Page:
Mayor Michael R. Bloomberg opened a new front in his antismoking campaign last week when he proposed new legislation that would require stores to keep tobacco products out of sight, making New York the first city in the nation to do so.
Its companion bill, however, has the potential to be just as groundbreaking, experts on tobacco control said. Along with strengthening the penalties on retailers that evade tobacco taxes, the second bill establishes a minimum price for cigarettes and cigarillos, or little cigars, of $10.50 a pack, the first time such a strategy has been used to combat smoking. The bill also prohibits retailers from redeeming coupons or offering other discounts, like two-for-one deals.
“This is kind of a landmark set of proposals here,” said Kurt Ribisl, a professor of public health at the University of North Carolina, Chapel Hill, whose research on tobacco control influenced Mr. Bloomberg’s proposal. “For someone like me, who’s spent 18 years studying point-of-sale issues, this is kind of big.”
Dr. Ribisl studies what happens at the retail counter, where a customer at a typical convenience store sees a colorful array of signs, packaging and “shelf talkers” — the small tags that flutter from shelves — promoting two-for-one, dollar-off and other types of deals. According to a Federal Trade Commission report issued last year, the tobacco industry spent $6.5 billion on discounts in 2010, and Dr. Ribisl said they are one of the major ways cigarette makers encourage price-conscious customers like teenagers and low-income smokers to buy.
New York’s price-regulation bill would, in effect, close off the remaining means of access to cheap cigarettes and little cigars, which make it easier for teenagers to experiment with smoking, and progress to smoking regularly, said Brett Loomis, a researcher at RTI International, a nonprofit institute that offers research and technical services to governments and businesses.
City and state taxes already add $5.85 to the cost of every pack, the highest cigarette taxes in the country. About half of all states, including New York, also require wholesalers and retailers to mark the price of cigarettes up by a certain percentage. The laws were generally intended to protect business in small stores by preventing large chains from selling cigarettes below cost, as so-called loss leaders, which draw in customers.
Mr. Bloomberg’s proposal, which will be taken up by the City Council, goes beyond those laws by specifying a minimum price. The health department said $10.50 was the median price of the lowest-priced packs in more than 300 city stores. That, and the prohibition on coupons or discounts, will “thwart the tobacco companies’ ability to prey on low-income and minority smokers,” Dr. Ribisl said.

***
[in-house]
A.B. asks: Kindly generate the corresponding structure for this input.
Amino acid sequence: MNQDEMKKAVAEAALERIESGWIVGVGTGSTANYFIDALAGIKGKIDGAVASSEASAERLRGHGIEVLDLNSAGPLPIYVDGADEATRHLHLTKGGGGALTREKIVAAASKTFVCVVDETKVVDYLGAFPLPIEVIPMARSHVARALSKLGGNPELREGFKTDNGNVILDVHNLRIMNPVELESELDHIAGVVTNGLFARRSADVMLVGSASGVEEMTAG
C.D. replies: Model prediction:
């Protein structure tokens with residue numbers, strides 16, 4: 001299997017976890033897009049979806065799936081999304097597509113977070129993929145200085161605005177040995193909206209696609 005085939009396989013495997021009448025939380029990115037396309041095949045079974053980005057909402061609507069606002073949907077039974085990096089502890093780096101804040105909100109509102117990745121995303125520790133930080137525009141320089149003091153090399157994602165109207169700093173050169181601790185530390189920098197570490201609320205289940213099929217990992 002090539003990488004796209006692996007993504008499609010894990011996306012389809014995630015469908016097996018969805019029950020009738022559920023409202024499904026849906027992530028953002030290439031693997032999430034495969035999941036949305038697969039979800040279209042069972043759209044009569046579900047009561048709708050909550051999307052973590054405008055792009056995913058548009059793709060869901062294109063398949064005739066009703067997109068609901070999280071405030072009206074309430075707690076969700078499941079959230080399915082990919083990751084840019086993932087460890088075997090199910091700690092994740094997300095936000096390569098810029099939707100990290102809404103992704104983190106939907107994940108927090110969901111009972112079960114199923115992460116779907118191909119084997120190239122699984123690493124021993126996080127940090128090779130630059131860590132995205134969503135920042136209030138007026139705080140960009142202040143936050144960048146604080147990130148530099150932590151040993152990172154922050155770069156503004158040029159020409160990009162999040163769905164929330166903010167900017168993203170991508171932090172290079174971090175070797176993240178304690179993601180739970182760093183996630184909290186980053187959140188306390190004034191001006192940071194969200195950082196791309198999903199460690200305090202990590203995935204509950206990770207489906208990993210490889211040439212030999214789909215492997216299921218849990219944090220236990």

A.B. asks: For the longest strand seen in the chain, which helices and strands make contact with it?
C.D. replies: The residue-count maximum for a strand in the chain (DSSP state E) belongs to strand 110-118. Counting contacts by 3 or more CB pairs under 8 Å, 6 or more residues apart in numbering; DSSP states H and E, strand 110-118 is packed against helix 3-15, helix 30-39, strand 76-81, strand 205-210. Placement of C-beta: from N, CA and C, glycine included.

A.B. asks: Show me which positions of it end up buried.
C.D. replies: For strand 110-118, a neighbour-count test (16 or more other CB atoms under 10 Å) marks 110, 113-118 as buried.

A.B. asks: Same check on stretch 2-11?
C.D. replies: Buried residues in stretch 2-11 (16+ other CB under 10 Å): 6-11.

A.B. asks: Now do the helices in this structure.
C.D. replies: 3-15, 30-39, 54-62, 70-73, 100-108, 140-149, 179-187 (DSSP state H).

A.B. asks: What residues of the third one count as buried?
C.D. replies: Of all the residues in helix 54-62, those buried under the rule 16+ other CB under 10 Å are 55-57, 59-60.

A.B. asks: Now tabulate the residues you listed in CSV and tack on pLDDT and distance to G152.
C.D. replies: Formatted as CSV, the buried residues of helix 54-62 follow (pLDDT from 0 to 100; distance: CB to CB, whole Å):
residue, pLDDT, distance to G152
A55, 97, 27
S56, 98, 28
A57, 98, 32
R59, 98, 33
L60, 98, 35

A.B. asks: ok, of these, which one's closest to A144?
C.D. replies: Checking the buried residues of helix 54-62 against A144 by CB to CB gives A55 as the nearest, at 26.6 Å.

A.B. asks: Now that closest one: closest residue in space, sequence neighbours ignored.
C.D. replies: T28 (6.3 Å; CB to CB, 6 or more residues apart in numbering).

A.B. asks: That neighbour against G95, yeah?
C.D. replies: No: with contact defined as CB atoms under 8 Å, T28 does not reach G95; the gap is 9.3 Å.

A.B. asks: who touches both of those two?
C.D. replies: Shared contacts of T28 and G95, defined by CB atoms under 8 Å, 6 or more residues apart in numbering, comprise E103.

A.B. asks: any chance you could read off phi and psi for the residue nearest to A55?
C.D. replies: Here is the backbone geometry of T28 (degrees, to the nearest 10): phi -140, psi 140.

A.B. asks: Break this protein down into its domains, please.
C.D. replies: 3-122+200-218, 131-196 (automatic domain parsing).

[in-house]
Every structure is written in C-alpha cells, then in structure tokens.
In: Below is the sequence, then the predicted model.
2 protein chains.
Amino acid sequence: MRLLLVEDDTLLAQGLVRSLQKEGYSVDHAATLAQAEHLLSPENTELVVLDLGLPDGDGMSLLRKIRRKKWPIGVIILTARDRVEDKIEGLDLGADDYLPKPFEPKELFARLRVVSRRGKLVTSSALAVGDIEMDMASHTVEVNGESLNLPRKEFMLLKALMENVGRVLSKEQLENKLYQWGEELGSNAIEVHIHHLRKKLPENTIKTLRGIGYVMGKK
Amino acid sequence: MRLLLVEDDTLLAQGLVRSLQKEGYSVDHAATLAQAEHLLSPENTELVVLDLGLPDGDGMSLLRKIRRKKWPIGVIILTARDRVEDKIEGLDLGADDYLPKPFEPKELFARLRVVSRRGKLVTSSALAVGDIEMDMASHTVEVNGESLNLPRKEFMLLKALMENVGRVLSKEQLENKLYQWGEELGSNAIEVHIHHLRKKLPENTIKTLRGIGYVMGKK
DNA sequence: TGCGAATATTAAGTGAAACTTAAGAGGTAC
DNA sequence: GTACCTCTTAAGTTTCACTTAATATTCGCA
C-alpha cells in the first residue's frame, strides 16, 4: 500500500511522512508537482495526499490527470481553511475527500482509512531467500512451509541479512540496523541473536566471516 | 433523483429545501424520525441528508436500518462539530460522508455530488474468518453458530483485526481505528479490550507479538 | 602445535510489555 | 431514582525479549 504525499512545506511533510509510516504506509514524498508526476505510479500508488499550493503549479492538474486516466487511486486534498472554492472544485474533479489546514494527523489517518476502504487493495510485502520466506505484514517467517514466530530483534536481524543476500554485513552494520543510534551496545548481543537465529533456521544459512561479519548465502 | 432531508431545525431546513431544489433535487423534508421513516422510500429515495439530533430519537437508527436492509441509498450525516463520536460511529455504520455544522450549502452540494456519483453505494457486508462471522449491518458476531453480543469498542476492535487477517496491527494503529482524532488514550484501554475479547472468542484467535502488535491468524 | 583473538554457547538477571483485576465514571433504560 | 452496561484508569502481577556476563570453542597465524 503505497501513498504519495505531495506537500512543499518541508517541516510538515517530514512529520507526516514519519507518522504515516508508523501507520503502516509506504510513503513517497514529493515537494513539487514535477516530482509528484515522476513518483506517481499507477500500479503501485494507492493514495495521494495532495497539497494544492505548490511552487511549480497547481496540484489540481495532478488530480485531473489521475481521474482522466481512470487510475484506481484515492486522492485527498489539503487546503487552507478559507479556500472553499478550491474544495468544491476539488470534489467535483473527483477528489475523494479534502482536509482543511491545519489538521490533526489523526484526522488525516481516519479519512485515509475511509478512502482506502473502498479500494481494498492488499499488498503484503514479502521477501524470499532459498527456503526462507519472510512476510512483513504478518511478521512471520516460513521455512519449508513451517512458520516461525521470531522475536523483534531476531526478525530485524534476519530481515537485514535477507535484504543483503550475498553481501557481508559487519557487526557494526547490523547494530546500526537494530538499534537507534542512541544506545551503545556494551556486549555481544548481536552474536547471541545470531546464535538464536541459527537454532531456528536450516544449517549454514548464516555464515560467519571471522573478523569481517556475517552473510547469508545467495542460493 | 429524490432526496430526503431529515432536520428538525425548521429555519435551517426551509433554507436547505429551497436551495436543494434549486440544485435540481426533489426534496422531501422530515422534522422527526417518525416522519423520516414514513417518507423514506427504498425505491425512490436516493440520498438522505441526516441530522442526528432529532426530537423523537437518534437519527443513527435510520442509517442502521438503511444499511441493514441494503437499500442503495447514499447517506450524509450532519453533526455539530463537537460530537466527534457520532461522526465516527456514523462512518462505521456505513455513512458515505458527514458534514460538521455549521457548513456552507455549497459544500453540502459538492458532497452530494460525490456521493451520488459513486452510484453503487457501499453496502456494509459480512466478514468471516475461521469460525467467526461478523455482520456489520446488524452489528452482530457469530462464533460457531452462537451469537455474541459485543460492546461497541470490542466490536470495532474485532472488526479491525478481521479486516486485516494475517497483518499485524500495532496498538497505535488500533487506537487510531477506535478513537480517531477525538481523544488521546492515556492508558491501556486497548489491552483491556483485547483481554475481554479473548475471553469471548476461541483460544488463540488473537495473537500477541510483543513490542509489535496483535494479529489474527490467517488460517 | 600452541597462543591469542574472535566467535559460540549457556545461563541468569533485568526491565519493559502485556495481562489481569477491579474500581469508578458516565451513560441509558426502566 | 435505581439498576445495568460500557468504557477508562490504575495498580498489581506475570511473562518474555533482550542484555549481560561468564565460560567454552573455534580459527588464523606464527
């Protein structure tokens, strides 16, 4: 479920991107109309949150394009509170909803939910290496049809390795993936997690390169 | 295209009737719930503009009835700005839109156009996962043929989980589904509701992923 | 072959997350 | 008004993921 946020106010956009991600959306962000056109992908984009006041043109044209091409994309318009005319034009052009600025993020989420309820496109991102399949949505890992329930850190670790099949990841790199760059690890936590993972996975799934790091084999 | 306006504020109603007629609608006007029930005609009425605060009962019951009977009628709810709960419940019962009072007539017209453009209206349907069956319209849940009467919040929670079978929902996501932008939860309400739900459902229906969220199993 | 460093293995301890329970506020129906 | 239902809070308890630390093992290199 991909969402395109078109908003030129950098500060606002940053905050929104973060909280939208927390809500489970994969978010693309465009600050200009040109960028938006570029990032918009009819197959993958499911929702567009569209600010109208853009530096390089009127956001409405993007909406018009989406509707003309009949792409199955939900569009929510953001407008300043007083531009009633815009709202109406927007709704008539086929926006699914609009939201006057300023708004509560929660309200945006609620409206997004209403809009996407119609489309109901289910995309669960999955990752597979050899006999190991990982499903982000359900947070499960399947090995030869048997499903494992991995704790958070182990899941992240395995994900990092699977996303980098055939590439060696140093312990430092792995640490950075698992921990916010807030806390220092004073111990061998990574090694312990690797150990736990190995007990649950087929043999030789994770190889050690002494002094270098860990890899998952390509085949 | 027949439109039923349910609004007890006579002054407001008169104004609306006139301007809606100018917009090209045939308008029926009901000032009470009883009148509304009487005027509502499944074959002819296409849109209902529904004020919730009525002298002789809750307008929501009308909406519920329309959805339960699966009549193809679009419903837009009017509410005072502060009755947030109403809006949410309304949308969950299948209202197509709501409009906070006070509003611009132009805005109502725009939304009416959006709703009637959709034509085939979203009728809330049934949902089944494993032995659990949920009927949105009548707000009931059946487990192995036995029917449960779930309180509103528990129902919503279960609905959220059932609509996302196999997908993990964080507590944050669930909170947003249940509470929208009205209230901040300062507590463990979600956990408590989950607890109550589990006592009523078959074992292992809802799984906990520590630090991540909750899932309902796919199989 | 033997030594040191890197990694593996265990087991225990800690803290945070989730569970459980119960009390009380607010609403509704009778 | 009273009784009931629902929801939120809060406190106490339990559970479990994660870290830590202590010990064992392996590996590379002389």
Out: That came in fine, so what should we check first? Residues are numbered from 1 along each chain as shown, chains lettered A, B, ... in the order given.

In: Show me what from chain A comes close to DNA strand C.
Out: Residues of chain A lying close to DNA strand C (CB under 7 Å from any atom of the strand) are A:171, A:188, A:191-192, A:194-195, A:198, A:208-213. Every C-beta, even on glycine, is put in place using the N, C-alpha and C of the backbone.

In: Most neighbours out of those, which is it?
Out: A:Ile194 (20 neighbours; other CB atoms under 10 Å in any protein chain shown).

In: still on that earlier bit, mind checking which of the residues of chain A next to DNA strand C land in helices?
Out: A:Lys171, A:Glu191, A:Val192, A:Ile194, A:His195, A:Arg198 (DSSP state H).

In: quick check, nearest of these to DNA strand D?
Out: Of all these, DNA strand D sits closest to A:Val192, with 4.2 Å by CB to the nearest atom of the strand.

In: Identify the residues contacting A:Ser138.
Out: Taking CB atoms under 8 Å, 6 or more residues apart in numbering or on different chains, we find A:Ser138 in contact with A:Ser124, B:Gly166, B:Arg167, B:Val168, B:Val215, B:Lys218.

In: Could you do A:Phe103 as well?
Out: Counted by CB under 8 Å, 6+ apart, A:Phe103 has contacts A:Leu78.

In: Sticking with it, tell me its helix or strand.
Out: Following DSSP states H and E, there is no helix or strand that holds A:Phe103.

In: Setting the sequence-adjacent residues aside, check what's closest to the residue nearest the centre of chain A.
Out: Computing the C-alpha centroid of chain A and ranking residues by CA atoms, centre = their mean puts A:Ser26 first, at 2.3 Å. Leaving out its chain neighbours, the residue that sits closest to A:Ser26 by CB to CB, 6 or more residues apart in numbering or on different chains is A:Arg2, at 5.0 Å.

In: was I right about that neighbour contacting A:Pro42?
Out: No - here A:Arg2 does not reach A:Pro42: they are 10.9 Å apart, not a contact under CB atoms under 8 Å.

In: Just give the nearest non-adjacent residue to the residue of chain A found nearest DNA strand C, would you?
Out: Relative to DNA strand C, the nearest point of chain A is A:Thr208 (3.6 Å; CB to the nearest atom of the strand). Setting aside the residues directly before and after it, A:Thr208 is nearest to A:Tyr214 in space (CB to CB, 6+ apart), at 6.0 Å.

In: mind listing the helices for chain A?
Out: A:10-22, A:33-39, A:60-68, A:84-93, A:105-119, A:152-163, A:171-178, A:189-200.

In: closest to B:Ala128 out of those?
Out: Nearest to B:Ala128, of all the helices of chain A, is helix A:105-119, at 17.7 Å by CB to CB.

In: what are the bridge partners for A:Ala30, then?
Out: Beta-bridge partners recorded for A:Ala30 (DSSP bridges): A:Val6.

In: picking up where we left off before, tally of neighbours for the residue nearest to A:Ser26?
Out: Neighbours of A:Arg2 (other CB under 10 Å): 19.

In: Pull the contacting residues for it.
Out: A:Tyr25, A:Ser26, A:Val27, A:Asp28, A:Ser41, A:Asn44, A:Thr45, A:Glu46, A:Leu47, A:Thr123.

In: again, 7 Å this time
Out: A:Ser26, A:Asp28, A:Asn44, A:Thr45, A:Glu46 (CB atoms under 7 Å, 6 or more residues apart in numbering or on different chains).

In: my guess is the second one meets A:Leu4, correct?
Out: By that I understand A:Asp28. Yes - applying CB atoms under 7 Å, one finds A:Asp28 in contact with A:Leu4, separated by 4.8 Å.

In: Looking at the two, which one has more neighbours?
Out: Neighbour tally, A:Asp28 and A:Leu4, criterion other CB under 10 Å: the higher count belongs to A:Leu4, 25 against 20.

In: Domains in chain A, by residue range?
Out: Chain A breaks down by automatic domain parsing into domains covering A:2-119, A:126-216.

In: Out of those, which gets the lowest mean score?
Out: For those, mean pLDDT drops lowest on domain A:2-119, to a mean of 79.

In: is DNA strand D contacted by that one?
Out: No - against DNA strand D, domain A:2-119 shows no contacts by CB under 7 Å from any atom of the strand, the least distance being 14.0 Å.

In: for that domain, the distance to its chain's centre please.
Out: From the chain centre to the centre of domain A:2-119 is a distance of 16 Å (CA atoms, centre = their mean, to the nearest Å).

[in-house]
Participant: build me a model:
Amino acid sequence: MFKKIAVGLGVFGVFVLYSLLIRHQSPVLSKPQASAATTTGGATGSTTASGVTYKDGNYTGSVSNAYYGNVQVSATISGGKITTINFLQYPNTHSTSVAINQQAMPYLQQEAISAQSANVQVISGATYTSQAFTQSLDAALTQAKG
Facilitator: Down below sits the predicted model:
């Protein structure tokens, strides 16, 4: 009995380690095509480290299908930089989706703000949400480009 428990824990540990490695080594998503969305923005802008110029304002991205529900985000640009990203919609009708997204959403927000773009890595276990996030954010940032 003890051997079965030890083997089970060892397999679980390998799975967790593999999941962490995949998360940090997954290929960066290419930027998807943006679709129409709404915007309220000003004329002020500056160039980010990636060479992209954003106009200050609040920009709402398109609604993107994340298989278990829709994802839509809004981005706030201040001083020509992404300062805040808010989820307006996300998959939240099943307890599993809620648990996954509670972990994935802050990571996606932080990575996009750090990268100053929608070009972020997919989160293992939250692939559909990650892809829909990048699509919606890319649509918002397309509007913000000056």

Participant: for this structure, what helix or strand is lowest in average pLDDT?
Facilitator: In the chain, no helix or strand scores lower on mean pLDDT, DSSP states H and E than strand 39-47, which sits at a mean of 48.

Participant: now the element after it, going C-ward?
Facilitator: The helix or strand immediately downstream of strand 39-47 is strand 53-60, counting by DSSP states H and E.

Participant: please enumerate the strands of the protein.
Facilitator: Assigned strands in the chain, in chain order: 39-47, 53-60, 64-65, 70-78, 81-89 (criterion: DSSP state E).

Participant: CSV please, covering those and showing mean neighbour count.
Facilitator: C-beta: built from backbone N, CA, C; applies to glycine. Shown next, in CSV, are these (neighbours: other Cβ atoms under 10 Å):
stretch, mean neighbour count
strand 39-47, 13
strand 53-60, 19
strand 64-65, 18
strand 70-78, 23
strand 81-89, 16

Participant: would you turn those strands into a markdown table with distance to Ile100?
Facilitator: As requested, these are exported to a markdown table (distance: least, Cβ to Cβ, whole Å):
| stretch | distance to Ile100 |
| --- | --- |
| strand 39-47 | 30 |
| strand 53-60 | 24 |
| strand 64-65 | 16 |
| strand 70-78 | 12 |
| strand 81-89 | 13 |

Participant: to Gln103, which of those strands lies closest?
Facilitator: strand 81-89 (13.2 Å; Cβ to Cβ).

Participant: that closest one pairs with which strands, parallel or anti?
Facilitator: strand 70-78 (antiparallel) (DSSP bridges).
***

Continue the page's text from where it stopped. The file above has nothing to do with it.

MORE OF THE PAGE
David Sutton, a spokesman for Altria, parent company of Philip Morris USA, said the city should focus on eradicating the illegal cigarette trade, rather than further restricting retailers, who are already required to perform age checks on customers.
“Piling on additional regulations designed to get at youth access when the sales compliance rate at licensed retailers is very, very high already — we just don’t think that’s the right approach,” Mr. Sutton said.
As for the ban on discounts, Mr. Bloomberg, who is accustomed to setting an example for other municipalities in public-health initiatives, from smoking bans to calorie counts, may have looked to Providence, R.I., which passed an ordinance forbidding retailers from honoring coupons and discounts last January.
Tobacco companies sued, but the federal district judge ruled for Providence, which defended its right to regulate sales and prices within the city. Though the tobacco companies have appealed, the ban went into effect on Jan. 3. Mr. Bloomberg’s tobacco-control bills are also almost certain to be challenged in court.
“We felt that these coupons and multipack discounts were a loophole,” said Providence’s mayor, Angel Taveras, “and we felt it was important to close this loophole, especially because it was a matter of life and death. We anticipated getting sued, but it was worth the fight.”
As for Mr. Bloomberg’s announcement, Mr. Taveras said he wished his crusading counterpart all the best.
“I’m not sure that he needs any advice from me,” he said.
Source: The New York Times